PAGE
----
Set in 1940, between the events of The Pearl Thief and Code Name Verity, Wein’s latest immersive dive into a slice of WWII-era history splits the narration among three figures—Flt. Lt. Jamie Beaufort-Stuart; Ellen McEwen, a Traveller volunteering as a military driver; and Louisa Adair, the biracial daughter of a Jamaican father and a British mother, both recently killed by German explosives. Suddenly an orphan at 15, Louisa intersects with the others when she is hired by phone to escort an elderly German opera singer to a relative’s inn, located in the Scottish countryside near the air force base where Jamie and Ellen are stationed. Intrigue is added when the civilians arrive at the same moment as a German pilot who secretly deposits a code-breaking machine at the inn—the only Enigma machine in Allied hands. Louisa, who dearly wishes she could help the war effort as a pilot, now has the means to contribute, but she needs assistance. Wein again seamlessly weaves extensive research into a thriller populated by fully dimensional characters. Late in the novel, Jamie’s sister, Julie, makes a cameo as a newly minted intelligence officer, a poignant reminder to readers of Code Name Verity that the war will get much worse before it ends. Ages 12–up. Agent: Ginger Clark, Curtis Brown. (May)

Reviewed on 04/03/2020 | Details & Permalink

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Mia Marcotte and the Robot

Jeanne Wald, illus. by Saliha Caliskan. Jeanne Wald, $15.99 (140p) ISBN 978-2-9568573-2-7

Wald’s illustrated chapter book debut stars third grader Mia Marcotte, an aspiring astronaut who happens upon her engineer aunt’s mysterious robot. When Mia learns that “the kids who make the best science fair projects” will be rewarded with a field trip to the space center, she’s determined to be one of them. There’s only one problem: she has no idea what her project will be, and the fair is in three days. Enter Aizek, an intelligent new robot friend who lacks imagination. With the support of Aizek and her pet parrot, Martian, Mia will have to flex her ingenuity if she wants to be a contender. Wald’s energetic narration, coupled with Caliskan’s animation-style drawings, capably portrays an imaginative girl pursuing her career and creative dreams. Though didactic dialogue and descriptions detract, Mia is a lovable, enthusiastic protagonist, and secondary characters entertain. Wald suffuses the plot with elementary-level science experiments and allusions, making this an inspiring read for those interested in STEM fields. Ages 8–up. (Self-published)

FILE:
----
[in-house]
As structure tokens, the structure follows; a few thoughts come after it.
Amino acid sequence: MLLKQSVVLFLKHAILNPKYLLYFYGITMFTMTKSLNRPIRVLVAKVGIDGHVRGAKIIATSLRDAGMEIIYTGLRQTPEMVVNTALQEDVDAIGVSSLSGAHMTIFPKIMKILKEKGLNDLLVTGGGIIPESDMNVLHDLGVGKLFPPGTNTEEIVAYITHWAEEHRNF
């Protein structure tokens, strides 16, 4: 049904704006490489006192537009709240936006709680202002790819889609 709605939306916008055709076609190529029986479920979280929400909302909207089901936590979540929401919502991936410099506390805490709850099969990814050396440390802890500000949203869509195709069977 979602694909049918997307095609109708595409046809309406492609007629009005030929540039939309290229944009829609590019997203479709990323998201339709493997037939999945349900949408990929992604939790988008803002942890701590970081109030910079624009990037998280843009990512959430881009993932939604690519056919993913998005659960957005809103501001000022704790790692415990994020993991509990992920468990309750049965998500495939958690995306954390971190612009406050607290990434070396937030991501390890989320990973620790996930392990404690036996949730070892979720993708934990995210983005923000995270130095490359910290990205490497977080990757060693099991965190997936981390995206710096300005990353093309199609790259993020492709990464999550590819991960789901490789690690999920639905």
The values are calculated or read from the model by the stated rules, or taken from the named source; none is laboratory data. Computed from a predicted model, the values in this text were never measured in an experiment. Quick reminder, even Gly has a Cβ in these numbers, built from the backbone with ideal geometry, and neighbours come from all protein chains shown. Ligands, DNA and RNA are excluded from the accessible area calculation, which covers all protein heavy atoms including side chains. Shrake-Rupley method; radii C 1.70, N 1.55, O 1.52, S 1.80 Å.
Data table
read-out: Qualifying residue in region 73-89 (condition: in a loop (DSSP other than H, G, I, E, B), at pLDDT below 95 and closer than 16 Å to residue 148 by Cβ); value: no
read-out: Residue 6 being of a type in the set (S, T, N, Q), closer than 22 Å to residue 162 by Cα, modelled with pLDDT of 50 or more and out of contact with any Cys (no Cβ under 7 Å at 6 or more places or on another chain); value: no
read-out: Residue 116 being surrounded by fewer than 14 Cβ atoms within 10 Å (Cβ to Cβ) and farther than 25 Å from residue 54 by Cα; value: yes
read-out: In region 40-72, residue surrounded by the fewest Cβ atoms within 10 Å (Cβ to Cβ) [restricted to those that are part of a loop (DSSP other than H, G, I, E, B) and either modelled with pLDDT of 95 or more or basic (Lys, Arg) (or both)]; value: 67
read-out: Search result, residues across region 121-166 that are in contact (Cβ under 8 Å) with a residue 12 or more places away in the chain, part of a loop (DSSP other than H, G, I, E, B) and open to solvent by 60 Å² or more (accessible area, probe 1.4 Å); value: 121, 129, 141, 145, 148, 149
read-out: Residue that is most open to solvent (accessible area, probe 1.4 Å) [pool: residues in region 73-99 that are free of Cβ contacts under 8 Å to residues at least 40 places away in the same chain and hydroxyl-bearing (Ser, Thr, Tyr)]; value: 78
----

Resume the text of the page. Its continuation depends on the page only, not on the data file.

Reviewed on 04/03/2020 | Details & Permalink

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Quintessence

Jess Redman. Farrar, Straus and Giroux, $16.99 (384p) ISBN 978-0-374-30976-3

A girl suffering panic attacks after her family moves to a new town finds purpose when she’s lent a special telescope that allows her to witness a star falling to Earth in child form. To help the Starling recover its power and return home, 12-year-old Alma Lucas and her new friends, including supersmart but socially awkward Hugo and multitalented, popular Shirin, must collect and unite pristine samples of the four classical elements—earth, air, fire, and water—from locations around the town of Four Points. But with a bully on their tail, the Starling proving difficult to catch, and Alma’s episodes increasing, this quest won’t be easy. Mixing modern science and alchemical traditions, Redman (The Miraculous) delivers a fanciful adventure with a rich emotional core and a fairy tale flair. An emphasis on Alma’s mental health and circular thought patterns proves an effective complement to the story’s magical elements, as her new endeavor and friends grant her the resilience to navigate her needs. Reminiscent of Neil Gaiman’s Stardust, this is a clever, entertaining story with its own distinct identity. Ages 8–12. Agent: Sara Crowe, Pippin Properties. (July)

Reviewed on 04/03/2020 | Details & Permalink

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Orphan Eleven

Gennifer Choldenko. Random/Lamb, $16.99 (320p) ISBN 978-0-385-74255-9